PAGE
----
The Real Hero of Otakon 2015: Crab Cakes

So anime is cool and all, and Otakon is the largest anime convention on the east coast, but Baltimore is supposed to be known for their crabcakes, and it’s supposed to be a part of the Baltimore experience to eat some awesome ones. Unfortunately, in the past the ones I had were more decent than incredible, but this all changed when a truck decided to carry some of the best crab cakes ever, and parked itself in front of the hotel I was staying at. To describe how good Flash Crabcakes are is to mention that I regret more than ever the fact that Otakon is leaving Baltimore in a couple of years. I also learned that things named Flash tend to be amazing, whether it’s the superhero, the Starcraft player, or indeed the super lump crabcake. The program that spawned Animutations gets a pass for its accomplishments, even if it’s become a bit senile and deranged.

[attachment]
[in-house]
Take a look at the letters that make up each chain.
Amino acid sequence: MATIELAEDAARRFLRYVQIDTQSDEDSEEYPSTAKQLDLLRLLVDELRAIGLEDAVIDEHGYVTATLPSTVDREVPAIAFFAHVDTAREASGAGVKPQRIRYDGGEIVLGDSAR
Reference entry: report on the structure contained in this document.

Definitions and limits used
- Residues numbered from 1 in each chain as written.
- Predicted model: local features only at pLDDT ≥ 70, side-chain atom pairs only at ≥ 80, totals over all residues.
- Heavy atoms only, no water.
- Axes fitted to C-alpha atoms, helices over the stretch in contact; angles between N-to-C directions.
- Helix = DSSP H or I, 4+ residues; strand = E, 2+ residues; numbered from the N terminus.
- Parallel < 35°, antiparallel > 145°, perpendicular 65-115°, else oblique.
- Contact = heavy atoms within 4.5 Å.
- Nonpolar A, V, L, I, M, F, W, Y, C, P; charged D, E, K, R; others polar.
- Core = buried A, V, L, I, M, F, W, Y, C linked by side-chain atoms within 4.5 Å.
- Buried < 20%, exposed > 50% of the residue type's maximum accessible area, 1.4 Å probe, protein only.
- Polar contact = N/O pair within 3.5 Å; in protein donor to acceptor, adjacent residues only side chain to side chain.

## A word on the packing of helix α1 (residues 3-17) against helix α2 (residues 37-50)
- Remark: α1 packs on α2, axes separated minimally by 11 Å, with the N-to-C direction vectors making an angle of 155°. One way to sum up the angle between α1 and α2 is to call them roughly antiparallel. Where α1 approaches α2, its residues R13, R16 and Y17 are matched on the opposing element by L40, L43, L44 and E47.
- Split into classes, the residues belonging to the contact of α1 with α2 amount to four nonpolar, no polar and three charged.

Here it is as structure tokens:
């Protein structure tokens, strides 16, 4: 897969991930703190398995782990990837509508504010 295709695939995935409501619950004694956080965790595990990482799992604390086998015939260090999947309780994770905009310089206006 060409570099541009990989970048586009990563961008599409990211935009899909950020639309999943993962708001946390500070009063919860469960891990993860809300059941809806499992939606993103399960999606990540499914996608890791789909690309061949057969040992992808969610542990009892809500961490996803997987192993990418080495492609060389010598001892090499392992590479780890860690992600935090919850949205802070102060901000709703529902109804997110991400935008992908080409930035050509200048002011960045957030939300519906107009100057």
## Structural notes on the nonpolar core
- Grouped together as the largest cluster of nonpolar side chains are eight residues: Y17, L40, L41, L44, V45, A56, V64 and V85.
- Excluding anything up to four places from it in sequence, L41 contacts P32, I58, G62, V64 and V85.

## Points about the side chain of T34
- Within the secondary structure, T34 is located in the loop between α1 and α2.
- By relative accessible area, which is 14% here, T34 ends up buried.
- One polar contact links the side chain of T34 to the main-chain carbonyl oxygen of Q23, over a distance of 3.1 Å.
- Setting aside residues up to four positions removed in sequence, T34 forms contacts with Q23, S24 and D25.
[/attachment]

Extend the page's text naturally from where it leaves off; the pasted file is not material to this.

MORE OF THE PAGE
Countdown to the Beginning of the End

Despite the fact that this Otakon didn’t seem quite as outright exciting as previous ones, I came away from it having two of the best interviews/press conferences I’d ever conducted. It was truly a pleasure to pick the brain of two industry veterans, and my only real regret was not being able to attend any Maruyama Masao panels due to scheduling conflicts.

I also left this year’s Otakon aware of the fact that only one year remains in Baltimore. While I think the move to a larger convention center in Washington, DC is probably the right move, I do feel some concern for the city of Baltimore itself. After all, Otakon is a huge money maker for them, and even if attendance was down, there’s a difference between losing 5,000 tourists and losing 33,000, all of whom want to eat in the area. Will there be another convention that tries to fill the vacuum left by Otakon? The battle for MD/VA begins.